Numlock News: March 28, 2022 • Vampires, McPlant, Red
By Walt Hickey
Stone Brewing is a craft brewery out of San Diego and they just won $56 million in damages against beer juggernaut MillerCoors after that company rebranded their Keystone Light beer in 2017 to “Stone.” The craft brewery wanted $216 million in past and future losses and for a “corrective advertising campaign.” Keystone Light has been losing sales from 2010 to 2015 amid competition from Anheuser-Busch and difficult domestic sales pressures, such as my college graduation. The trial featured a number of especially hilarious revelations, including when Keystone’s own attorney argued that it couldn’t be a trademark violation because Keystone Light customers are too broke to buy fancy beer like Stone anyway, or the acknowledgment in federal court of the pervasive college rumor that Keystone is just “the aftermath of Coors Light.”
The annual number of students majoring in petroleum has been crashing since its peak at 2,818 graduates in 2018. In 2020, the number of students who graduated from a U.S. university with a petroleum degree was 1,582, and enrollment is reportedly a struggle for many of the colleges that train oil drillers, with some sending professors overseas to recruit students. While the median pay for a petroleum engineer in 2020 was $137,000, students are understandably skittish to shell out a fortune to learn a potentially dying art. Trust me, as a lamplighting major with a minor in dictaphone operation I am so glad I’ve been taking online classes to learn wheelwrighting to stay competitive in today’s economy.
A new study compared vampire bats, which are the only mammals that can live on a diet of blood alone, to 26 other species of bats to figure out exactly why that became their whole deal. According to the new study published in Science Advances, the researchers identified 13 genes that are either missing or do not function anymore in the vampire bats, genes whose absence lets them adapt to a diet high in iron and protein but low in fat and carbs. Out of 1,400 species of bats, just three can survive on the sanguine diet alone.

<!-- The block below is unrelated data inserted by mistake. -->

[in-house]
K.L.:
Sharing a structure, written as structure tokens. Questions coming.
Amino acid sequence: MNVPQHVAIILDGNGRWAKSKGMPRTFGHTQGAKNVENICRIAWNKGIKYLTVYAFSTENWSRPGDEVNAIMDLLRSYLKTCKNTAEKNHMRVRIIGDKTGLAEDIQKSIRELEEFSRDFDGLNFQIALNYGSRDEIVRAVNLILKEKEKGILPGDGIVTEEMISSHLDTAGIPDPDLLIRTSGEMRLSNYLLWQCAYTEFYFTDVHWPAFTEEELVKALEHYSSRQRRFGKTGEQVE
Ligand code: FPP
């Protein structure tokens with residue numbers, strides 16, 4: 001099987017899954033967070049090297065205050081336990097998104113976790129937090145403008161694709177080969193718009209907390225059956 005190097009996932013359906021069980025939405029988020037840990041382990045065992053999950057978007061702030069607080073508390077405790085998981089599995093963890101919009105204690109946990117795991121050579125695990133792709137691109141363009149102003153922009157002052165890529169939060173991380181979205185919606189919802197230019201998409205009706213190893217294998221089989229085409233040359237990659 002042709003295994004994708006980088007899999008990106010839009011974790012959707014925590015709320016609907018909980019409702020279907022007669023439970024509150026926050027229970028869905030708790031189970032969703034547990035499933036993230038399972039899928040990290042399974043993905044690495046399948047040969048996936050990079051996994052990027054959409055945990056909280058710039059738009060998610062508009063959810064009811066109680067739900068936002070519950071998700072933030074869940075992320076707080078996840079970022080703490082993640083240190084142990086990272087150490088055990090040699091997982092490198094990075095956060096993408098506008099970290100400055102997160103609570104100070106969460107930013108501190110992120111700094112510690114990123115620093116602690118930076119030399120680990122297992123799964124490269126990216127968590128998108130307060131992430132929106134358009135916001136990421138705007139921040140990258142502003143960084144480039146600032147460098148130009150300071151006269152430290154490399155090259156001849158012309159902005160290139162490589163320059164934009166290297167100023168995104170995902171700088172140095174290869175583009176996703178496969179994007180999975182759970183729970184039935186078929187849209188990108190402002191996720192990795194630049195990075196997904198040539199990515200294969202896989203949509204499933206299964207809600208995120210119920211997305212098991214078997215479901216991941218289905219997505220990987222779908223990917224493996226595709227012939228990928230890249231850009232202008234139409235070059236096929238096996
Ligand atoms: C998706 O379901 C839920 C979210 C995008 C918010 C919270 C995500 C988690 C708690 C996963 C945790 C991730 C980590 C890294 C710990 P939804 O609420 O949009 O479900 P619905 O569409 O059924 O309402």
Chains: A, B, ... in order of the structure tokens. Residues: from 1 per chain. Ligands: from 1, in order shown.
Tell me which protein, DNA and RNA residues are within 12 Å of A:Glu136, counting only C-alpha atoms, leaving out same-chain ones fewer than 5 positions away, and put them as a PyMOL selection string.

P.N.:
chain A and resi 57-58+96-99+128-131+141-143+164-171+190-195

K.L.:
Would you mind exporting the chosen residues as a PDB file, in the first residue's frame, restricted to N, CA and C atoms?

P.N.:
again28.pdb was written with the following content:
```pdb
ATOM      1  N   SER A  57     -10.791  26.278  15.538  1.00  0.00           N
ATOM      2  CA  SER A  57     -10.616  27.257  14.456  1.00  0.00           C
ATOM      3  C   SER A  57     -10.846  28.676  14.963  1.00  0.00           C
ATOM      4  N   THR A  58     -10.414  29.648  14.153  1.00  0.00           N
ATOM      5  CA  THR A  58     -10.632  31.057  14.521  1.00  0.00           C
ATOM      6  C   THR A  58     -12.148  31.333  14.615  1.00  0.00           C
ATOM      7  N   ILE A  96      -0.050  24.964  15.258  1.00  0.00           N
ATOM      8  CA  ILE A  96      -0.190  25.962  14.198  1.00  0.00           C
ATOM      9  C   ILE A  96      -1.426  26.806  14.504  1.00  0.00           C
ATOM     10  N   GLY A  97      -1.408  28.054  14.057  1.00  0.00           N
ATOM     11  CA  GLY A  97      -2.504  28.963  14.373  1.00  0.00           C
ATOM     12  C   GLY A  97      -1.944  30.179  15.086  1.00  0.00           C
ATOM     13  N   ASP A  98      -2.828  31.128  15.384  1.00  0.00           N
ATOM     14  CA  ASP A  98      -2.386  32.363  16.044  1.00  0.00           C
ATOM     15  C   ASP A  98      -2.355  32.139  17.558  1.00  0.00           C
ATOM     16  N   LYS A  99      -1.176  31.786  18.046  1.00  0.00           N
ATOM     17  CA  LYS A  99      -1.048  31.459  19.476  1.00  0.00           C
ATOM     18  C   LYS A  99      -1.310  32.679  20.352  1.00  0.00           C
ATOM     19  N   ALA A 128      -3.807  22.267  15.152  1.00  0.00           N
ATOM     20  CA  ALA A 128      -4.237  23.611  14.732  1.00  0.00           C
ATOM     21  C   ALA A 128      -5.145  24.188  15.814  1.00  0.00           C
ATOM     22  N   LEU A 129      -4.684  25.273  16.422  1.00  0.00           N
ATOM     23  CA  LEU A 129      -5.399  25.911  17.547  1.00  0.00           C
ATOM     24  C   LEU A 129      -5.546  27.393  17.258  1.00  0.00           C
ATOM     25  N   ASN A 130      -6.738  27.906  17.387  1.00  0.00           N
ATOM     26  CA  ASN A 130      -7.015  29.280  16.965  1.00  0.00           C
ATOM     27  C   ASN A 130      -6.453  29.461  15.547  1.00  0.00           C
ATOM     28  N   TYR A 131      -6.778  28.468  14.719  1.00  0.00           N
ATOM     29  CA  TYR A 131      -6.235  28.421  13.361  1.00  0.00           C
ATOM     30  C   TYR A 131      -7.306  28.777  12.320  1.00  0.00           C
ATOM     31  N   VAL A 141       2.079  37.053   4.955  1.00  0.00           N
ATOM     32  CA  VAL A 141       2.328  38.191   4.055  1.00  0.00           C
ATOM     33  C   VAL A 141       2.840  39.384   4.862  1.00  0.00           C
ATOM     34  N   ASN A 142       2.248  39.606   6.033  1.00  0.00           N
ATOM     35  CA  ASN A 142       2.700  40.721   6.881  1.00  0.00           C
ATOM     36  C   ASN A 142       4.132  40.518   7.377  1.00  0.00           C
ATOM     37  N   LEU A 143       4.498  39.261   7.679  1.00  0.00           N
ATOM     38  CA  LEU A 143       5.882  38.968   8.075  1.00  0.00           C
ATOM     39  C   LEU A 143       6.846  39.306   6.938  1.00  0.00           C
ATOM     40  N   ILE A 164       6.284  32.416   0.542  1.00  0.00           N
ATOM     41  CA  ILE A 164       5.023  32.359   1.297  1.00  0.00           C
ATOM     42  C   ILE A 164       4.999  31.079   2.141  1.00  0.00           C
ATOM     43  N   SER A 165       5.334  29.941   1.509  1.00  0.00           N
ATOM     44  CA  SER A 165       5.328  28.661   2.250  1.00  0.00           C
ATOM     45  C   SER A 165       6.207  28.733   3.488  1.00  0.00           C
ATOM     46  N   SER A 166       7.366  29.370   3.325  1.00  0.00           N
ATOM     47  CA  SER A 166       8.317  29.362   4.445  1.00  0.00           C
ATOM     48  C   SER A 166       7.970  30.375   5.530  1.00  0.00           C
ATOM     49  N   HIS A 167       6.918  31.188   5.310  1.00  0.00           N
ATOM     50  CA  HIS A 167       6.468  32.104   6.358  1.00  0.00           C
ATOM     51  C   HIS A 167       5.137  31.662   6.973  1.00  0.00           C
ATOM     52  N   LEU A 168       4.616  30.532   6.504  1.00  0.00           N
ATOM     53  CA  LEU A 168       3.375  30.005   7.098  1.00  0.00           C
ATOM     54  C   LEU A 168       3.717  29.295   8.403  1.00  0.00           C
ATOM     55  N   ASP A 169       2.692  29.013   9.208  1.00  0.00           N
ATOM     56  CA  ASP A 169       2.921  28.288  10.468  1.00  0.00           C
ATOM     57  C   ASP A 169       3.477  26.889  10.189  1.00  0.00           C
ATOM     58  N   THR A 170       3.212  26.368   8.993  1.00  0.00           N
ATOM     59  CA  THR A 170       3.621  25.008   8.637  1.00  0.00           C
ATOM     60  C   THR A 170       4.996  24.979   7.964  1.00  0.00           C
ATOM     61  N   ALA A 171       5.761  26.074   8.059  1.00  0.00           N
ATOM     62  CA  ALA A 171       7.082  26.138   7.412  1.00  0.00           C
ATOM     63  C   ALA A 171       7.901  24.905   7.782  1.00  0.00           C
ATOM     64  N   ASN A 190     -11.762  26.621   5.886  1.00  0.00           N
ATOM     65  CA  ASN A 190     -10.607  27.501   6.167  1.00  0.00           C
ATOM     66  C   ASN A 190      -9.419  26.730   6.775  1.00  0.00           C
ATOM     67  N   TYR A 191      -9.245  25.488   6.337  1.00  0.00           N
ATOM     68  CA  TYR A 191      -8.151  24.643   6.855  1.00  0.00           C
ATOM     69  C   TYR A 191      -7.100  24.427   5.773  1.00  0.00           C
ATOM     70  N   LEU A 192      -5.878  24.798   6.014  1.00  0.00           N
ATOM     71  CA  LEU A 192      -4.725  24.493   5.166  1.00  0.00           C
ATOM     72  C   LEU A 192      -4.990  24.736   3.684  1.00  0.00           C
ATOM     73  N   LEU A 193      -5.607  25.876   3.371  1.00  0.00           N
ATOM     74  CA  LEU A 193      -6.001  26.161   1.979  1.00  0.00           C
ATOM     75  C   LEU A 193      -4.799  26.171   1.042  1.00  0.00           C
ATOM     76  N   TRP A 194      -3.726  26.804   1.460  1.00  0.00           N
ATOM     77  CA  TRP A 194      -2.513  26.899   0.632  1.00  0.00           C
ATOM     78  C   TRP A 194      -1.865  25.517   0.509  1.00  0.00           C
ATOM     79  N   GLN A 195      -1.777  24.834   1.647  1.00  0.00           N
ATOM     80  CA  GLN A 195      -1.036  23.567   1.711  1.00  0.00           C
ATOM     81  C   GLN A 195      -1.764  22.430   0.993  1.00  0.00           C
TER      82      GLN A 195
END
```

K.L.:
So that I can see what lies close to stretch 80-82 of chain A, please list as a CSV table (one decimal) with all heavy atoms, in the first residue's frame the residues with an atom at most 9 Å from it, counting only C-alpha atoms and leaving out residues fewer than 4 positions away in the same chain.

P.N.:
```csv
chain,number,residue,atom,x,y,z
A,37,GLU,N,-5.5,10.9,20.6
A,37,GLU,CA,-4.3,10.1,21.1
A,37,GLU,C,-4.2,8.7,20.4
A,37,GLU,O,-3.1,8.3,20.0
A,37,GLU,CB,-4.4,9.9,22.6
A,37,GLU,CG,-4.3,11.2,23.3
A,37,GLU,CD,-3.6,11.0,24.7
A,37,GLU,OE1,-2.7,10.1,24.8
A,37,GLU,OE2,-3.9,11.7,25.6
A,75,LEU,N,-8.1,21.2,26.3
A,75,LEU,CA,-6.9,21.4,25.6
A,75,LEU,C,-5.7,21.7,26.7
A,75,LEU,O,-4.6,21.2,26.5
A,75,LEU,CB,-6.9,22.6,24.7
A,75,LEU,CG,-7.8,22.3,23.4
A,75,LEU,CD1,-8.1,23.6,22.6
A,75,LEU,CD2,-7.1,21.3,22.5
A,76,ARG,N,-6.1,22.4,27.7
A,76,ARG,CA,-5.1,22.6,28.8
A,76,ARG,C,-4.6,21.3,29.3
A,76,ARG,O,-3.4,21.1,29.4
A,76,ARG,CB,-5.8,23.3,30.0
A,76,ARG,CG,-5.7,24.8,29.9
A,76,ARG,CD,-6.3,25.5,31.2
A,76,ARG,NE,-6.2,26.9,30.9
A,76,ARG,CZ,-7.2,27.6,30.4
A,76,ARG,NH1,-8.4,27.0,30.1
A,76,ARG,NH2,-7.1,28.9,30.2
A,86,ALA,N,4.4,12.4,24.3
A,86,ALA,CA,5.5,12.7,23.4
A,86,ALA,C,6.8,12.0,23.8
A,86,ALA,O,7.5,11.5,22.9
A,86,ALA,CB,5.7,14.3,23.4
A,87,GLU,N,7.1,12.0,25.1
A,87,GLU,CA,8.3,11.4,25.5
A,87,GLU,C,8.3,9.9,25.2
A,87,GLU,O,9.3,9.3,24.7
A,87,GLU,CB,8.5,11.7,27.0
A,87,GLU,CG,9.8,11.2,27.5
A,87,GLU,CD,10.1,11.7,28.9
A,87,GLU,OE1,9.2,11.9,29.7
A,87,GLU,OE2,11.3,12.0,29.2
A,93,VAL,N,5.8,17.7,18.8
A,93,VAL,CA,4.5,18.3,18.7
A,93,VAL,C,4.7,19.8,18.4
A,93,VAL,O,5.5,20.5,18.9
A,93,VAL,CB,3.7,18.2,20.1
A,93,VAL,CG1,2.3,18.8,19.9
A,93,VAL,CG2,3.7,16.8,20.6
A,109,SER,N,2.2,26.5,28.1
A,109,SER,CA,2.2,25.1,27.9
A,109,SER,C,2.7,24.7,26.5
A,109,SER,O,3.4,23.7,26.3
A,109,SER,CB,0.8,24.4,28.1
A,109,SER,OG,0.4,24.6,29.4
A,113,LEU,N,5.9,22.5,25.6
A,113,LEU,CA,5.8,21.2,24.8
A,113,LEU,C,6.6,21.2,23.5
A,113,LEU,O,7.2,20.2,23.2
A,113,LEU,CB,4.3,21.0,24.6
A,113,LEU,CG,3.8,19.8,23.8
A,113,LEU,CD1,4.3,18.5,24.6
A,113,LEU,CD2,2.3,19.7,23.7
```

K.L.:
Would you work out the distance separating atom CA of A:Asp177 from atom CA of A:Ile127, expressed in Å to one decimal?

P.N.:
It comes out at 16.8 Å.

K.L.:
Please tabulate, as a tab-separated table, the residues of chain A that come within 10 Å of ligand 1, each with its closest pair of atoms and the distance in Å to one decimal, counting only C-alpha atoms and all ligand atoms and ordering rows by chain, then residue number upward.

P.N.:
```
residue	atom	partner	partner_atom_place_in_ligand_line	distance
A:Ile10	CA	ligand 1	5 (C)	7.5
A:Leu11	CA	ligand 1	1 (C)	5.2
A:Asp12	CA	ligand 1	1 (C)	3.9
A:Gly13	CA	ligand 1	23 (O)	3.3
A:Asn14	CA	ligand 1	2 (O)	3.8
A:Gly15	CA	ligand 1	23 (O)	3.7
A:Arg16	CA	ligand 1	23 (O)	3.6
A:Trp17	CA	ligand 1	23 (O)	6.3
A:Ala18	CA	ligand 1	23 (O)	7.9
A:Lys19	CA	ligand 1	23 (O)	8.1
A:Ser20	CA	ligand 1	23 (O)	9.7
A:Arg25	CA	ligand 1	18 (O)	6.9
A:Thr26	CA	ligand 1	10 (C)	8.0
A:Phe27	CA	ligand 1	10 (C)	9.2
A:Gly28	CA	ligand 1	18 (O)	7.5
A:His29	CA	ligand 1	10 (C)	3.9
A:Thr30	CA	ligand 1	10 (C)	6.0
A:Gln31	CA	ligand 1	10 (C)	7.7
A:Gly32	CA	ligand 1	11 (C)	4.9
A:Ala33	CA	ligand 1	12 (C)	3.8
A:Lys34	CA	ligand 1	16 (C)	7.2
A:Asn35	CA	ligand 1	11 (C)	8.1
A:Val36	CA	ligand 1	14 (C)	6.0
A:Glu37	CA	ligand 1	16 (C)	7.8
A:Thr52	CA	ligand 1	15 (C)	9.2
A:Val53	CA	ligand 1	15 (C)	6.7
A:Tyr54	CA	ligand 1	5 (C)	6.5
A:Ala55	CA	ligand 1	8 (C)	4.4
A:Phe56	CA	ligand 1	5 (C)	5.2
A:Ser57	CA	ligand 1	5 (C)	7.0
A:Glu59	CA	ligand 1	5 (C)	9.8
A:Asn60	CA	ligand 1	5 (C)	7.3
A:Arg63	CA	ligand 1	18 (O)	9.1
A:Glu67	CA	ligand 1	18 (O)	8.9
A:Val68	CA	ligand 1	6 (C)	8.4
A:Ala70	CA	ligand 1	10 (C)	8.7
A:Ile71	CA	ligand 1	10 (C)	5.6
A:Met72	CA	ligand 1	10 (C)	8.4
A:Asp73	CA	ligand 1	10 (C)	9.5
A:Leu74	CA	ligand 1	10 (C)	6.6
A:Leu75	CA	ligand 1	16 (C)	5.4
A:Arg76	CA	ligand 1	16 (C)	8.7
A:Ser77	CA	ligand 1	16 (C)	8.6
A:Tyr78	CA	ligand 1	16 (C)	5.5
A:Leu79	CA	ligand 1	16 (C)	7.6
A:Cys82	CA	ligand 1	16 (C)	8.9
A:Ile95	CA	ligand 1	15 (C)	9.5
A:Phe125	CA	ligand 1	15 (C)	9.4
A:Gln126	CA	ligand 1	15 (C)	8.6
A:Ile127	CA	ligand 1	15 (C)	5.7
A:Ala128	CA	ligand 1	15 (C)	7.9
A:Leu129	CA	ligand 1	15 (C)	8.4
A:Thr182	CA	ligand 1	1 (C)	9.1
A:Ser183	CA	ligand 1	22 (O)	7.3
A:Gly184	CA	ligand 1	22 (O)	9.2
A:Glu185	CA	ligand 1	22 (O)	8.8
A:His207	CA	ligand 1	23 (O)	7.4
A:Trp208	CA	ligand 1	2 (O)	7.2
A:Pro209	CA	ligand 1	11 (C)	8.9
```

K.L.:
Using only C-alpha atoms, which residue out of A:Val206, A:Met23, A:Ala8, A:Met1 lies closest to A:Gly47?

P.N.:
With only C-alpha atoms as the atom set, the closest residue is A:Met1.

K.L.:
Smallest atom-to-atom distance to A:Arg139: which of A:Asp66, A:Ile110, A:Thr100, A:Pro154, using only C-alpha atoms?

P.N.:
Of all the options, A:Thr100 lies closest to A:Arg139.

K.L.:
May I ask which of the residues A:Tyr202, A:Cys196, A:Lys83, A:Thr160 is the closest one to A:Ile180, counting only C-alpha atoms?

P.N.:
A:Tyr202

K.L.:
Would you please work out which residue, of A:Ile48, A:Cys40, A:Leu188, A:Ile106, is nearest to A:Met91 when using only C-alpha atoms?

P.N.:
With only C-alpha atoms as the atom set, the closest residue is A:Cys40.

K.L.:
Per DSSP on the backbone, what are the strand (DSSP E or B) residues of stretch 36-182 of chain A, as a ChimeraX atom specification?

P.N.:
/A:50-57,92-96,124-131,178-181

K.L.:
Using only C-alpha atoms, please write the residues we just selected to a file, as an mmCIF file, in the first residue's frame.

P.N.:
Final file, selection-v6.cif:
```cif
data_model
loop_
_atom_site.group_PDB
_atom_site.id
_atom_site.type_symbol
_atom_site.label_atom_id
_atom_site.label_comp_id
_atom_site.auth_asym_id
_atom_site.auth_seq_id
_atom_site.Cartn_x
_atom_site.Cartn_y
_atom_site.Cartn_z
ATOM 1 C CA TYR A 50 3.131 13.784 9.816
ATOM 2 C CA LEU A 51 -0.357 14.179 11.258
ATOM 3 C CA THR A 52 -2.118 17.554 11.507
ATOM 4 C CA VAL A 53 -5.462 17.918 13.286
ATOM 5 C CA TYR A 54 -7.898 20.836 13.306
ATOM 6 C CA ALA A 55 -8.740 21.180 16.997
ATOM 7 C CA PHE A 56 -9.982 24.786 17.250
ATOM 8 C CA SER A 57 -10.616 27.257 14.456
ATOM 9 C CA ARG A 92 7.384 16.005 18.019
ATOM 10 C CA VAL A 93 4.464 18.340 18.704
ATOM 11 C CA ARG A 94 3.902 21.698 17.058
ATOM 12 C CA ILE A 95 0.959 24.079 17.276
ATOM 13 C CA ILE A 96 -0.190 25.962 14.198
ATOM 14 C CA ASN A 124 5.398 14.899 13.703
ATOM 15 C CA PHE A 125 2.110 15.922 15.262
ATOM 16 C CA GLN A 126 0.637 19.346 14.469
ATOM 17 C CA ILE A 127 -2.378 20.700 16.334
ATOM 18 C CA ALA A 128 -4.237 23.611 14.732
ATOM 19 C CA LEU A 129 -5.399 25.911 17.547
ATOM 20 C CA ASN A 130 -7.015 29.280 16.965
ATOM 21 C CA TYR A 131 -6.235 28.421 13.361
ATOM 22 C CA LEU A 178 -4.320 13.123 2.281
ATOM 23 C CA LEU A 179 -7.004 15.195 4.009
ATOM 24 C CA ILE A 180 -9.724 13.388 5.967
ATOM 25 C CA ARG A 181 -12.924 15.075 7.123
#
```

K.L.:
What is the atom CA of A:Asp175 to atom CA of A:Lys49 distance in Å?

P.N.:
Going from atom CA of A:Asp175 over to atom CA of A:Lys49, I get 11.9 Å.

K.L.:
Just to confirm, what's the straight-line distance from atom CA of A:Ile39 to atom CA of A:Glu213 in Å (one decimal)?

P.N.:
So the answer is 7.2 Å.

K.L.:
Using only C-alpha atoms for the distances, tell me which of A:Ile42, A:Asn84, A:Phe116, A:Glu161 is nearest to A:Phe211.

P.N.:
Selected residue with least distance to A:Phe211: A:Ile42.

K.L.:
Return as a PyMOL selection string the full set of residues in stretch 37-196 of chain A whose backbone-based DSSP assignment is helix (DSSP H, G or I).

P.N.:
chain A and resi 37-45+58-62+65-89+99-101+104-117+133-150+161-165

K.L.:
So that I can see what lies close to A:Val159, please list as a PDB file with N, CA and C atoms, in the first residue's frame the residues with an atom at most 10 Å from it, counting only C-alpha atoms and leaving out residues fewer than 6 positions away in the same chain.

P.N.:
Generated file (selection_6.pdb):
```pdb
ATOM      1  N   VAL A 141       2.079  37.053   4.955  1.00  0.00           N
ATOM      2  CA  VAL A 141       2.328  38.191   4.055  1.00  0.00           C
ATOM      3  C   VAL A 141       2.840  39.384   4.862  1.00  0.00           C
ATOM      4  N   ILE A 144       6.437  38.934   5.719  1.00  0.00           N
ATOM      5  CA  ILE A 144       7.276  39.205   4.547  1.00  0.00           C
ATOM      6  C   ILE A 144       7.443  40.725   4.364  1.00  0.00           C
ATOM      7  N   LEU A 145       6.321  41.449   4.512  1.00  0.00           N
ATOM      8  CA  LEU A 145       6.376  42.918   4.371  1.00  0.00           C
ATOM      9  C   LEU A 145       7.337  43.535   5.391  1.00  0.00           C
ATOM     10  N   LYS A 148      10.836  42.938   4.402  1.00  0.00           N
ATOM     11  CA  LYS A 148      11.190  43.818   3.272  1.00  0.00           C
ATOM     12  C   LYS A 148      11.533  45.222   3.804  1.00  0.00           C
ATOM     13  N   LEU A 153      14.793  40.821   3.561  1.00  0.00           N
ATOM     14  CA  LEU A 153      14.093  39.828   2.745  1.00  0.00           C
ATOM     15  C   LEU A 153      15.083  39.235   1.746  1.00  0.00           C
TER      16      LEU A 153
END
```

Consumption of aluminum in the U.S. was up 11 percent last year, but prices are up now because Russia imported 6 percent of the aluminum that’s made in U.S. smelters. That’s driving producers of the metal to look to the scrap heap, where the economics are way better. Already 40 percent of U.S. aluminum supply is from scrap, and the country even exports 2 million metric tons of scrap aluminum. It’s one of the places recycling is very successful: 70 percent of new aluminum cans are made from old aluminum cans, and 45 percent of cans in the U.S. are recovered annually. Melting scrap into aluminum uses 90 percent less electricity than making aluminum in a smelter from bauxite ore. Several aluminum producers are building or expanding their domestic scrap capacity.
A new analysis of 8,400 collections of 19.3 million NFTs found that one in three NFT collections have expired, with effectively no trading activity, and another third of those are trading for less than the cost of producing one new token. Overall, the 30-day sales volume of NFTs are down 40 percent compared to the previous month, and volume on the largest NFT marketplace is down 67 percent over the past 30 days. While critics might suggest this is the obvious endpoint of a frenzy-driven market and, if the market could be described as a rapidly inflating sphere held together by a tense, thin surface, perhaps this is the pop, optimists argue that we’re merely in the dump portion of the pump/dump cycle.
The McPlant, a potential McDonald’s menu item that features Beyond Meat, is currently being tested in about 600 stores in California and Texas. According to an analyst, it’s not going great: The initial eight-store test saw stores selling 70 McPlants per day, but according to the latest data, halfway into the six- to eight-week test, the McDonald’s are only selling around 20 sandwiches per day. That’s below the target of 40 to 60 McPlants, which actually causes a production problem on its own: The original plan was to cook the McPlants in advance and hold them for 15 minutes, but because they’re not actually selling enough to pull that 15-minute hold off, they’ve got to cook them to order which takes four and a half minute and throws off a whole drive-thru line.
Cochineal bugs are about 0.2 inches long and feed on cactuses, and they’re harvested en masse and ground into natural dyes like carmine and carminic acid. It’s labor-intensive, but people want their food and their cosmetics to be red, so they’re harvested commercially and sold to processors, with about 70,000 bugs needed to make a fifth of a pound of carminic acid. As demand increased, the price per ton was up 40 percent in Peru from 2013 to 2019. Lately, researchers have tried to use metabolic engineering to get bacteria to manufacture carminic acid; a 2021 pilot study proved it out using genetically modified E. coli, and argue that the engineered bacteria growing for five days in a 100,000-liter fermenter could hypothetically produce the same amount of carminic acid as 2.5 acres of bugs could in a year.
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